Lesbian legend Amy Ray shies away from “‘groundbreaking queer’ tag. And when Emily Saliers hits Texas, she usually chows down at a steakhouse
More than 20 years ago, they were newbie folkies, competing for the same audiences that made Tracy Chapman and Suzanne Vega household names. And with gorgeous harmonies, solid songwriting and excellent six-string skills, The Indigo Girls have shown amazing staying power.
Since their 1987 debut, “Strange Fire,” Amy Ray and Emily Saliers’ sound has become iconic. The queer Georgians have released 10 Indigo albums under their collective belts. And with the most-recent “Despite Our Differences,” the pair is stalking the road again.
Texas-bound on the latest of many road trips, Indigo Girl Amy Ray recently took a short time-out to talk via telephone about her impressions of the latest tour and her longtime musical partnership.
Though the Indigo Girls found their major success in relatively short order in the late ’80s and early ’90s, Ray is critical about duo’s early years.
She says that songwriting was harder in her younger years “because we weren’t as good.”
Talking about what she’s learned from her partnership with the softer-toned Saliers, she’s likewise modest.
“I really learned a lot from Emily,” she says. “I had to learn harmony, learn how to sing with someone else.”
As some of the first openly lesbian artists on the pop charts, you might expect The Indigo Girls to take credit for turning closet knobs for today’s successful queer artists: Beth Ditto, Tegan & Sara, The Cliks.
“I don’t know if we helped or not,” Ray says. “You have to look at the whole landscape, the education of people over time.”
She also refuses to let her band be called a groundbreaking queer act.
“When we started, I wouldn’t say that we were radical queers. We didn’t really talk about it until about 1991. Emily didn’t feel comfortable about it yet, because she felt it was private,” Ray remembers. “So we had an agreement. Eventually, though, it just became stupid.”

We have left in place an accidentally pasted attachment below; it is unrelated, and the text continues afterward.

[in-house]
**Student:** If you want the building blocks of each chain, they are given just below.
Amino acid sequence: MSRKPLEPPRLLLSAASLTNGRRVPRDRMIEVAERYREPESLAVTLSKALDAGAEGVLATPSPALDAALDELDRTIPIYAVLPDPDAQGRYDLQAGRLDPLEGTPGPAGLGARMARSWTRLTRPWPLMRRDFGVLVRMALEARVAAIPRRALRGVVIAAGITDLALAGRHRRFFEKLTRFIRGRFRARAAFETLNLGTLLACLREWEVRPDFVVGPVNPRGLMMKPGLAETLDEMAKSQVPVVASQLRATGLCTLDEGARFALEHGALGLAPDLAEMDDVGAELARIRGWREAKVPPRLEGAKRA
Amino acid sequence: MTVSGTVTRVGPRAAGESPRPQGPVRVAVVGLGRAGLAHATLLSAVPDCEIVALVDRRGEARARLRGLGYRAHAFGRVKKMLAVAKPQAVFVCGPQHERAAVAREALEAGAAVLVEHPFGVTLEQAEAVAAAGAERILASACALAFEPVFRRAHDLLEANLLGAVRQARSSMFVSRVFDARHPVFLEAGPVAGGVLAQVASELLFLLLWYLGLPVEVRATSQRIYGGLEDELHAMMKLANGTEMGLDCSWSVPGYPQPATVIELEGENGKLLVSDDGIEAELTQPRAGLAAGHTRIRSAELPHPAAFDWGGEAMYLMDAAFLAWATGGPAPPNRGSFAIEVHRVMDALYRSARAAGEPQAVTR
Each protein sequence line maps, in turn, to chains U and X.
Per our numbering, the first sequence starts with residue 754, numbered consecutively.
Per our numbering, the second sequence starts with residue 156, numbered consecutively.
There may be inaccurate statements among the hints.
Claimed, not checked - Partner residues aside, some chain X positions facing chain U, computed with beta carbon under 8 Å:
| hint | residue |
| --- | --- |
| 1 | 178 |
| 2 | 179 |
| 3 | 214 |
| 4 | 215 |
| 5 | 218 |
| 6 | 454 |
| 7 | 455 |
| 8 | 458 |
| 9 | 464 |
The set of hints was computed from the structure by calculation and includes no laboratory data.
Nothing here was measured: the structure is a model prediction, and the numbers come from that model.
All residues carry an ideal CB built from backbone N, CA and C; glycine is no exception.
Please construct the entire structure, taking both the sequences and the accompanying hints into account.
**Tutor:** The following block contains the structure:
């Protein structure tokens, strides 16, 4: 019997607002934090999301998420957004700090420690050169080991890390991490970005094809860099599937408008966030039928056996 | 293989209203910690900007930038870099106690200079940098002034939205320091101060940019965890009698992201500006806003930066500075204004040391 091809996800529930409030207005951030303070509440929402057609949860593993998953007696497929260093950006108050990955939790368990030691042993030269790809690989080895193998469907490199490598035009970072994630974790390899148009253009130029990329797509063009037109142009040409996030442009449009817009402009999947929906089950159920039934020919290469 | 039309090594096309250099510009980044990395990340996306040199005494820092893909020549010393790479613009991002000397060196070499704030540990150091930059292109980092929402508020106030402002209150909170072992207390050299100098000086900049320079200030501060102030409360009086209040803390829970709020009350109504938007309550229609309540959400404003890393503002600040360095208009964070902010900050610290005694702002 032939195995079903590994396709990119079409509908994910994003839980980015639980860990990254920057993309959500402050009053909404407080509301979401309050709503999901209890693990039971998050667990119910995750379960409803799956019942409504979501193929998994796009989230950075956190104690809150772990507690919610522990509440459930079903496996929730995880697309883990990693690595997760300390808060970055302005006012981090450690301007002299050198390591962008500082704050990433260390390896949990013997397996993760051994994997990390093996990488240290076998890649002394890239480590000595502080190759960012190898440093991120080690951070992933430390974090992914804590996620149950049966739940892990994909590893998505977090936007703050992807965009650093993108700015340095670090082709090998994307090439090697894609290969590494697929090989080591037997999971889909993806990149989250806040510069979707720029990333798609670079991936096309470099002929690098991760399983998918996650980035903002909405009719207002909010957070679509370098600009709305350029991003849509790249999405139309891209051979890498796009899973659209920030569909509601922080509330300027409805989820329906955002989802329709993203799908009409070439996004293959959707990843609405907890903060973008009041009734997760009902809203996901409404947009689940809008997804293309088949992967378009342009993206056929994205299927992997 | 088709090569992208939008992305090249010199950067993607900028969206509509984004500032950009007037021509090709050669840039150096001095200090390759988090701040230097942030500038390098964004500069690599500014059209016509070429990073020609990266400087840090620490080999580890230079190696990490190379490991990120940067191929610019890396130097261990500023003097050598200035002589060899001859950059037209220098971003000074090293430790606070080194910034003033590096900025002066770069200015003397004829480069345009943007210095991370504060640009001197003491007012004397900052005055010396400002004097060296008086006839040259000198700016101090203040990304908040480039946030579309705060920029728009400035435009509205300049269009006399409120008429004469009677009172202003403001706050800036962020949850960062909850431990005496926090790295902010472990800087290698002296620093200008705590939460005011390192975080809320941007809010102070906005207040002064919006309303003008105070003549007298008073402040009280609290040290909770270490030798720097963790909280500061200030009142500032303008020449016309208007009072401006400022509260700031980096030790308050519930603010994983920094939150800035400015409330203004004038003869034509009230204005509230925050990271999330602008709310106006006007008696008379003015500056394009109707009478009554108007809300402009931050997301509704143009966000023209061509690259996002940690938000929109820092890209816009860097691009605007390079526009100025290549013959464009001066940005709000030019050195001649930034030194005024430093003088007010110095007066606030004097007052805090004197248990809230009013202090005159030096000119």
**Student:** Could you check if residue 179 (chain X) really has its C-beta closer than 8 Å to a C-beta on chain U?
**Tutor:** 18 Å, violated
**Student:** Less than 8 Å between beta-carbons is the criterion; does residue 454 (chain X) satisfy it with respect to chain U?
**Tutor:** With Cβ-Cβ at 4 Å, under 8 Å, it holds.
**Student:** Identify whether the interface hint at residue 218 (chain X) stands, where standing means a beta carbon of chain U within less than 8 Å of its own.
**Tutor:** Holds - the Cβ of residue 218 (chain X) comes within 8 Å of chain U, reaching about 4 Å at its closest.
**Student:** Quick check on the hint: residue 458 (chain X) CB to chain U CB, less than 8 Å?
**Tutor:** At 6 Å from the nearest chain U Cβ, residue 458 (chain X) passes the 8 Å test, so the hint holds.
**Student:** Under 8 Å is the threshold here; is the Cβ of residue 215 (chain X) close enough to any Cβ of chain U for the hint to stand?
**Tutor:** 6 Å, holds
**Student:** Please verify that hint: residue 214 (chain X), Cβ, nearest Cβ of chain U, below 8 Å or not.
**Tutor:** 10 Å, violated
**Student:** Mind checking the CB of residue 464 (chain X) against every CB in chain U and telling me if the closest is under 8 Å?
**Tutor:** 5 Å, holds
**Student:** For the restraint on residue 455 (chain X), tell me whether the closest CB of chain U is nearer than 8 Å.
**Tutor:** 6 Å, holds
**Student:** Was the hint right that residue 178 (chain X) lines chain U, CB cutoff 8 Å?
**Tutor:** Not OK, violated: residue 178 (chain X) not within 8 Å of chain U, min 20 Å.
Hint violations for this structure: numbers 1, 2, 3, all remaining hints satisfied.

As products of the South, Ray and Saliers are still very much aware of the homophobia that grips some parts of the country. Nonetheless, Ray takes a gentle approach toward hatred whether it comes from governments or individuals.
“Homophobia is best fought within the community,” she says. “I live in a very rural community, and what helps here is the gay couple that doesn’t assume that their neighbors are going to hate them the gay couple that volunteers in a soup kitchen instead. If you love your neighbor, it helps more. It’s about dialogue.”
As talk winds around to the current tour and the Indigo Girls’ upcoming Dallas gig, Ray’s attitude is one of gratitude for her current life.
“We don’t make a lot of money,” she says. “We still tour for a living. But we sleep in hotels, and we have a nice time. There are some bands that don’t ever sleep in a hotel. At least we don’t sleep on the bus anymore.”
As for what the Lone Star state might provide the Girls for their downtime, Ray shows that she and Saliers are still in many ways yin and yang.
“For me, it’s more about my environment,” she says. “I work out, go hiking and find some nice trails.”
“Emily likes to go out for a steak dinner from time to time,” Ray says. “So she’ll definitely be hitting a steakhouse when we get to Texas.”
The Indigo Girls perform at The Majestic Theater, 1925 Elm St. Sept. 14 at 8 p.m., $33-$47, 214-880-0137
This article appeared in the Dallas Voice print edition September 14, 2007
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